Following root canal therapy, it is normal to experience some discomfort as well as inflammation around the treated tooth. You can take anti-inflammatory medication to reduce any swelling or discomfort. You should also refrain from chewing hard or crunchy food while you are recovering so as not to aggravate the area.
If you experience significant pain for more than three to five days after a root canal, you should contact your dentist. Lingering pain may indicate an infection or an issue with your restoration.
Sharp pain or pain that lingers for more than a few days may be a sign of complications.
One of the primary causes of pain after a root canal procedure is an ongoing infection. If bacteria has spread to the bone, it could continue to cause discomfort. Similarly, if the doctor did not remove all compromised tissue, the infection can persist. It is also possible for a tooth to become re-infected if the tooth was not sealed or restored properly.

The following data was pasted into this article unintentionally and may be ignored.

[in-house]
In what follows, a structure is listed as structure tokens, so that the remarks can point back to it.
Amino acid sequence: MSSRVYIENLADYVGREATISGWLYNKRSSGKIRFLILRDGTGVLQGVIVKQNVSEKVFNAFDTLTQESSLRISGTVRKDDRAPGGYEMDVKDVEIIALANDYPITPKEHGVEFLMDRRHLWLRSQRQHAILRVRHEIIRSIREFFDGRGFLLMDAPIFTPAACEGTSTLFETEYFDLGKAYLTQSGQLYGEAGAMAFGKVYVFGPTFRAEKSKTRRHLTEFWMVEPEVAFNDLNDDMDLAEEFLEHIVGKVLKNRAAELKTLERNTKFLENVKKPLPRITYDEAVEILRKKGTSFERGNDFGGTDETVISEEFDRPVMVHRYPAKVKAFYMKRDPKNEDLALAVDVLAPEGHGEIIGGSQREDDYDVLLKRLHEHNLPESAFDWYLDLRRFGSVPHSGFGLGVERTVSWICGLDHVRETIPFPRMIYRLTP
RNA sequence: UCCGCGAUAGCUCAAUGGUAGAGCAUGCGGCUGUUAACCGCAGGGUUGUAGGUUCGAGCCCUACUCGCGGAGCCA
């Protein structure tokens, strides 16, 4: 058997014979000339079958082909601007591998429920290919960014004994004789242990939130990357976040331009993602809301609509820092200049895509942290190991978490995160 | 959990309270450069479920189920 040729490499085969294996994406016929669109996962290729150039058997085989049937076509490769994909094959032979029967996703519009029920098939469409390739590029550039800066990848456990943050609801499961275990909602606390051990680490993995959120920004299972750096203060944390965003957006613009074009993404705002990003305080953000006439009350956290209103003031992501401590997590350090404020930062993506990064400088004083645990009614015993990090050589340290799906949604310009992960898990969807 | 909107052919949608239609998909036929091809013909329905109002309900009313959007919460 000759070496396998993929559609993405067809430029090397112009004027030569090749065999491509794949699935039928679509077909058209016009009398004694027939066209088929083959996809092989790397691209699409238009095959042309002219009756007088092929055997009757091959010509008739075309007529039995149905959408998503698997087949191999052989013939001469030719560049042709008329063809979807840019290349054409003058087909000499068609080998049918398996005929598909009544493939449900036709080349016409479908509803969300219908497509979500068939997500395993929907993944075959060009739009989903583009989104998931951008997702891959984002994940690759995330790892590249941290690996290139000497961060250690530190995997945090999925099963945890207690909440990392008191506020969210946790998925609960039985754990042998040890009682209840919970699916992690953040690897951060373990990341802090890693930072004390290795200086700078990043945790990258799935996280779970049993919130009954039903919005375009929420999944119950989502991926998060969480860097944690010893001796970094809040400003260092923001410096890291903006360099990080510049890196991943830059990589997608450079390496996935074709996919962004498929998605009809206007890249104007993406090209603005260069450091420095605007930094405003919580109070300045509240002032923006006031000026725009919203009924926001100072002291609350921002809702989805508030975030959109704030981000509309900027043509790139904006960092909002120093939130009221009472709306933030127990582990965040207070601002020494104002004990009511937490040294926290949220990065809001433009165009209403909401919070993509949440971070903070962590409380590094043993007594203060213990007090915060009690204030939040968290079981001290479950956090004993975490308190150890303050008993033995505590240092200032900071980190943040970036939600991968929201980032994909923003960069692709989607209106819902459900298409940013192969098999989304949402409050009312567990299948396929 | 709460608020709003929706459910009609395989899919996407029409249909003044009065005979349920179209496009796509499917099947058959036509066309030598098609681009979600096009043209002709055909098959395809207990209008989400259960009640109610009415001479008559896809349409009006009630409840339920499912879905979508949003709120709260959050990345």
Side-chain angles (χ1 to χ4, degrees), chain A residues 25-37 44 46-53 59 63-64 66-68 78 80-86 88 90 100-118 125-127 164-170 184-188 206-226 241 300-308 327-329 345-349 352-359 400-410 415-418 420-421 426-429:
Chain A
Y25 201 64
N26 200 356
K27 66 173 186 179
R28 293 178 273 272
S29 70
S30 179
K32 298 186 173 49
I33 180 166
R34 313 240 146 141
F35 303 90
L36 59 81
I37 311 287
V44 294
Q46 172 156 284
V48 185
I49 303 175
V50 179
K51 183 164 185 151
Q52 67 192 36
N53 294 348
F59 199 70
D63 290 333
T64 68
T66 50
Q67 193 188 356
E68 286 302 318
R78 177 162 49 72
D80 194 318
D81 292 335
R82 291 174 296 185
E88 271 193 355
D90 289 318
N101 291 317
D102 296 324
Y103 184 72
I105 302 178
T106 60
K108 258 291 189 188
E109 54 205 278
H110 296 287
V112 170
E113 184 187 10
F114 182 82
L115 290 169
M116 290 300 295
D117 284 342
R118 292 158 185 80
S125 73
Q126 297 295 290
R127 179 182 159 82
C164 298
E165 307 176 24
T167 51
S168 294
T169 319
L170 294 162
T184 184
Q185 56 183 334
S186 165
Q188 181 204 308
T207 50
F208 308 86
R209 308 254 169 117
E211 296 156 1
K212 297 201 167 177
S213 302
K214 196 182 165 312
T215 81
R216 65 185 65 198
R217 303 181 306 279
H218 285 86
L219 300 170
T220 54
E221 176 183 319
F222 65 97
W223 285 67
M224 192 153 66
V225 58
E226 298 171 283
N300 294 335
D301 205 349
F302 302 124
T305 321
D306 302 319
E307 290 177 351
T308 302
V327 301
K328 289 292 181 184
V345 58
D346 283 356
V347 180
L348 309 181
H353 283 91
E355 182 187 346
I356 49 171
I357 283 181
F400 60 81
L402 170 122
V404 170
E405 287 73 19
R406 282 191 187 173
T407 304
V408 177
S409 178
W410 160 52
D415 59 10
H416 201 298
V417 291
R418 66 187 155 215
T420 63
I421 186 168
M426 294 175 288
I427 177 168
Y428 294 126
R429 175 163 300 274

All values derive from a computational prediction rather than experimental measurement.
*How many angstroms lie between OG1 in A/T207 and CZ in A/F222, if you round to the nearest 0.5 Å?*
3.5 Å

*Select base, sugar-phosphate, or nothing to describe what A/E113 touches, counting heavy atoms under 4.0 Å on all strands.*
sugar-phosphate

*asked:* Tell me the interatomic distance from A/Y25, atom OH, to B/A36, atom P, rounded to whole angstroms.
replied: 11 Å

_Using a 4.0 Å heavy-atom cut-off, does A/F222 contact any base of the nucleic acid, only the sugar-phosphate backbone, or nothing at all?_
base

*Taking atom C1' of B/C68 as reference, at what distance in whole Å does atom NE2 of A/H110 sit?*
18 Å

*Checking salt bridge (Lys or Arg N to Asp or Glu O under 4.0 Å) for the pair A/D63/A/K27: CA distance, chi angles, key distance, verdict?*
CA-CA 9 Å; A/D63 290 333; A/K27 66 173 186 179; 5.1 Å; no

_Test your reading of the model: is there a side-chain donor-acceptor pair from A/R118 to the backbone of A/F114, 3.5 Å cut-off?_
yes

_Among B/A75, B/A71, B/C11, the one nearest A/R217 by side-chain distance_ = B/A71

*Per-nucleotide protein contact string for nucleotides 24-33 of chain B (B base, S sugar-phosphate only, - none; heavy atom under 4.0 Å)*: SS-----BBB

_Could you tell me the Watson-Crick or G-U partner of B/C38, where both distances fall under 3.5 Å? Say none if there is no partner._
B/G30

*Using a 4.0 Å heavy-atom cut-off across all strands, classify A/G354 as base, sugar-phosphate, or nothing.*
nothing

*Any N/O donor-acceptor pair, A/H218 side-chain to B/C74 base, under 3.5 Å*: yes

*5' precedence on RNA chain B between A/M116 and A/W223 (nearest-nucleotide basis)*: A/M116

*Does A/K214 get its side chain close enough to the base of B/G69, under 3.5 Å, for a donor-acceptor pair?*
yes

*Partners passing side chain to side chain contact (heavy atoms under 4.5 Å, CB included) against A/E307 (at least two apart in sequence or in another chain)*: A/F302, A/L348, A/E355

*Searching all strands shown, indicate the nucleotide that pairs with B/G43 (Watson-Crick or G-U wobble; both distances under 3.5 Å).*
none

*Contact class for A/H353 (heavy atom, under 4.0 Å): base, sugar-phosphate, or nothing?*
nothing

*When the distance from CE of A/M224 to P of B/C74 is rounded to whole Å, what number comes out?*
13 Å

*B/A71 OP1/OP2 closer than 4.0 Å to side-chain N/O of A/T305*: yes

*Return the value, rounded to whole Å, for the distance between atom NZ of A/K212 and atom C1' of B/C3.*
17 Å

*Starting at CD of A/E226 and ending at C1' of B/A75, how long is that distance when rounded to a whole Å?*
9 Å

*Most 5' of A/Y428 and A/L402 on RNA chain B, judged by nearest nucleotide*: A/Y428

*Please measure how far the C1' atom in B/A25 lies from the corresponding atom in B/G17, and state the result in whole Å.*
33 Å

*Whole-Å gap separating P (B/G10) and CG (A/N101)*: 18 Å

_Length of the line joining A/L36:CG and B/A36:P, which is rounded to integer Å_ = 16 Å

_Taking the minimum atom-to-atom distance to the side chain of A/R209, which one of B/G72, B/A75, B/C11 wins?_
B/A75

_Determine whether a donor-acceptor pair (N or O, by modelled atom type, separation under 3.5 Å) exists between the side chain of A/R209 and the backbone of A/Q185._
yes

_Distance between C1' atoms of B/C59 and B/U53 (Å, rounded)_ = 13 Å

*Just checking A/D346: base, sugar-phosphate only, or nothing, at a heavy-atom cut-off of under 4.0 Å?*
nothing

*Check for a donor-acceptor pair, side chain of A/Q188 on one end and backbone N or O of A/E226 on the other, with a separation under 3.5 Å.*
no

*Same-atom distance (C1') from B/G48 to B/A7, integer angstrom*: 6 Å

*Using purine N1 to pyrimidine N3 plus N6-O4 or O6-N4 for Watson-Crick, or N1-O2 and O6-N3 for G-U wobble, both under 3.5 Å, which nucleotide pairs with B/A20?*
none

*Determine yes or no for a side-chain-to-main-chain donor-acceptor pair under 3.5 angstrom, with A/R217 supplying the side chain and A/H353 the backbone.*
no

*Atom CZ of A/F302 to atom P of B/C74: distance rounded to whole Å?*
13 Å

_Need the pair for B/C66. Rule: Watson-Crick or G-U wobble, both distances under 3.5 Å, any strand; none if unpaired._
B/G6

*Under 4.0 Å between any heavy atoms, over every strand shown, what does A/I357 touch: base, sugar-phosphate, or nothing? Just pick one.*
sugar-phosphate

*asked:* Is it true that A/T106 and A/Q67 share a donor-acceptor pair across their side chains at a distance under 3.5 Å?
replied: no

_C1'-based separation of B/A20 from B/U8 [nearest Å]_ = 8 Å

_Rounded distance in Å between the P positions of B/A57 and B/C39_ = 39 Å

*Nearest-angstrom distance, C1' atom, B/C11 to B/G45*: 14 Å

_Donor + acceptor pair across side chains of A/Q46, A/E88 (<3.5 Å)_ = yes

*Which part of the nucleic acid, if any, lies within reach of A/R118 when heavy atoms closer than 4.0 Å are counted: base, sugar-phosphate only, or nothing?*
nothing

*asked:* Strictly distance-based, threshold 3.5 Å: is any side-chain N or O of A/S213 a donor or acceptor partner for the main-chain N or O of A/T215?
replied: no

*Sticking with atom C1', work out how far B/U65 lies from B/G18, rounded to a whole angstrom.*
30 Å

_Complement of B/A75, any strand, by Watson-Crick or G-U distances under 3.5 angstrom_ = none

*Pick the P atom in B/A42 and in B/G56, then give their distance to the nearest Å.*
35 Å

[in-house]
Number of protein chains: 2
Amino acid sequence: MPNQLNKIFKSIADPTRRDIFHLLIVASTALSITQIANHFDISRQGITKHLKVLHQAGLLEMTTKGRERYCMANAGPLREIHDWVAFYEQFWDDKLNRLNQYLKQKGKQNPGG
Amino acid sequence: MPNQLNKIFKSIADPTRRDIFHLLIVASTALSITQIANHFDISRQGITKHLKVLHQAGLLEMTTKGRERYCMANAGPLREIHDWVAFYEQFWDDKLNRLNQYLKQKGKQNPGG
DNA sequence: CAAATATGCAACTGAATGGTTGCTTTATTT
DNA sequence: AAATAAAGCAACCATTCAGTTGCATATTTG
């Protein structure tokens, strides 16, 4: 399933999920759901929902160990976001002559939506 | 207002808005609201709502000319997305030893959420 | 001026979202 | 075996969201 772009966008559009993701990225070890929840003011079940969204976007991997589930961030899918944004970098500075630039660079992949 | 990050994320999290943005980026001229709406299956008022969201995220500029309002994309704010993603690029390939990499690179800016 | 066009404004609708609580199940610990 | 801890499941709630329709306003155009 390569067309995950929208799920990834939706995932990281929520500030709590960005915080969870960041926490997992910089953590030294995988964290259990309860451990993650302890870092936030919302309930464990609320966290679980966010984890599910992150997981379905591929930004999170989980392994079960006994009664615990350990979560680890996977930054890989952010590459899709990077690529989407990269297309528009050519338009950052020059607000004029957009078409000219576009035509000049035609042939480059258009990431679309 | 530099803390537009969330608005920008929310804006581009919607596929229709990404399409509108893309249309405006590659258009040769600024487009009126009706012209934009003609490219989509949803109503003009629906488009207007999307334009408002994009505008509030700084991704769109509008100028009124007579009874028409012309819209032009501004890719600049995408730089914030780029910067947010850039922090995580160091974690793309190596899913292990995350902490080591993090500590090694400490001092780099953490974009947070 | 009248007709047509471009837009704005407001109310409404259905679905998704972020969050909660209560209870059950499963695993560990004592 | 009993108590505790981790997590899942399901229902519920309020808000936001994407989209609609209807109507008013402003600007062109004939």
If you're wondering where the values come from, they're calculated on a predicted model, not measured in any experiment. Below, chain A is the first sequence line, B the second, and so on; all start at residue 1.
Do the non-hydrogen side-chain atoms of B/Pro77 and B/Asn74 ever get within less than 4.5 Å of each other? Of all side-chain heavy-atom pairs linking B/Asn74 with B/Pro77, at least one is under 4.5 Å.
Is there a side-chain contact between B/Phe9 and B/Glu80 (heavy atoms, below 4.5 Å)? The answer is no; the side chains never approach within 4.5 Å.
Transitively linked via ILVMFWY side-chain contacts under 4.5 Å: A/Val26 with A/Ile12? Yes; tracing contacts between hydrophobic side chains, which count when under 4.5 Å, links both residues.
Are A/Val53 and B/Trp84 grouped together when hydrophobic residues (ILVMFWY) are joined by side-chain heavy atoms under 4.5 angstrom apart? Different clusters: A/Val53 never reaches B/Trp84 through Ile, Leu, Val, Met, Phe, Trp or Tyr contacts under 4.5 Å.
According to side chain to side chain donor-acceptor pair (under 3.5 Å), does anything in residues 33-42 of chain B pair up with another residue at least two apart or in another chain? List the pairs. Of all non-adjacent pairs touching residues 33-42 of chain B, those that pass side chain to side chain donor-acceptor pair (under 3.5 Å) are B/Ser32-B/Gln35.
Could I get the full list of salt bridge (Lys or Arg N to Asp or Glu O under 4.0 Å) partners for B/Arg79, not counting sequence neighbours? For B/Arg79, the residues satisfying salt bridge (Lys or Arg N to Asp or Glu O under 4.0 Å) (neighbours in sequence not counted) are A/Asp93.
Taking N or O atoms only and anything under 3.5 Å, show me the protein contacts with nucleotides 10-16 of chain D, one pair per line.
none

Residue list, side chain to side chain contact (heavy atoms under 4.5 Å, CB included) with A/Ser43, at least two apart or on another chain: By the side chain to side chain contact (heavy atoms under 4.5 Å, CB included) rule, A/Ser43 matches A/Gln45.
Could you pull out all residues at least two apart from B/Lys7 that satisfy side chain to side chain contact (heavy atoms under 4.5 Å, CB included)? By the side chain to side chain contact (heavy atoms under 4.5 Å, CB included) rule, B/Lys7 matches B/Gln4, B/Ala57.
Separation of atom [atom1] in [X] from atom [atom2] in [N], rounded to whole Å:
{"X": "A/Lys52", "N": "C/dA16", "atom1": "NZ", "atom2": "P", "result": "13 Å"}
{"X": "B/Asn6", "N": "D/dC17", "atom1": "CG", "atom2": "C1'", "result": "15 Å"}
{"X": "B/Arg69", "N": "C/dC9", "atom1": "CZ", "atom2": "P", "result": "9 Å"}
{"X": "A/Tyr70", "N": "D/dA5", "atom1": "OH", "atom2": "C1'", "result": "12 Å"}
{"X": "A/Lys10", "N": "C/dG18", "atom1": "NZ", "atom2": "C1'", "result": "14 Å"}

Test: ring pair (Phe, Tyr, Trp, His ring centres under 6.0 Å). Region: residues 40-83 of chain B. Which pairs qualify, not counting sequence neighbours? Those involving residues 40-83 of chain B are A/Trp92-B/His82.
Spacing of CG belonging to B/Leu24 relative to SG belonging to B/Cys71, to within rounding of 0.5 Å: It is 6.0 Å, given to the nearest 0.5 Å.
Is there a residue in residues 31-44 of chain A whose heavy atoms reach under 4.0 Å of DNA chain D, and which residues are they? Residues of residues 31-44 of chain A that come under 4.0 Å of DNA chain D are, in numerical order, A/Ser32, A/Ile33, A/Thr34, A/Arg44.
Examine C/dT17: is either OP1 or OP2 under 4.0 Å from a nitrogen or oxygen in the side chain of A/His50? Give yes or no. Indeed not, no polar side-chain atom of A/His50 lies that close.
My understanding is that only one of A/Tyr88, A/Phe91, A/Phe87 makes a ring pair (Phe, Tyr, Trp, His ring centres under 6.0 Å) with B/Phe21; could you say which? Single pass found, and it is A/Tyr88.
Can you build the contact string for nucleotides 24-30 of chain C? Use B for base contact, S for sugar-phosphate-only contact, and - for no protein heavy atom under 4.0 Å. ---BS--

Molars have multiple canals, and although the dentist may take x-rays prior to a root canal procedure, tiny canals can be missed if they are difficult to detect. If any bit of nerve remains, patients can continue to experience pain.
After cleaning and reshaping the root canals, the dentist will fill the space with a rubber-like material called gutta percha. If the dentist overfills the area, excess material can cause sharp, localized pain.
A tooth that has undergone root canal treatment must be sealed with either a filling or a crown. Restorations that do not fit properly can impact occlusion and make it difficult to eat and speak with ease.
If you experience a new or ongoing infection, your dentist can either perform a second root canal treatment or an apicoectomy, which involves surgically removing the root tip. Should your dental restoration fit improperly, your dentist can adjust the size of the crown or filling to restore your comfort.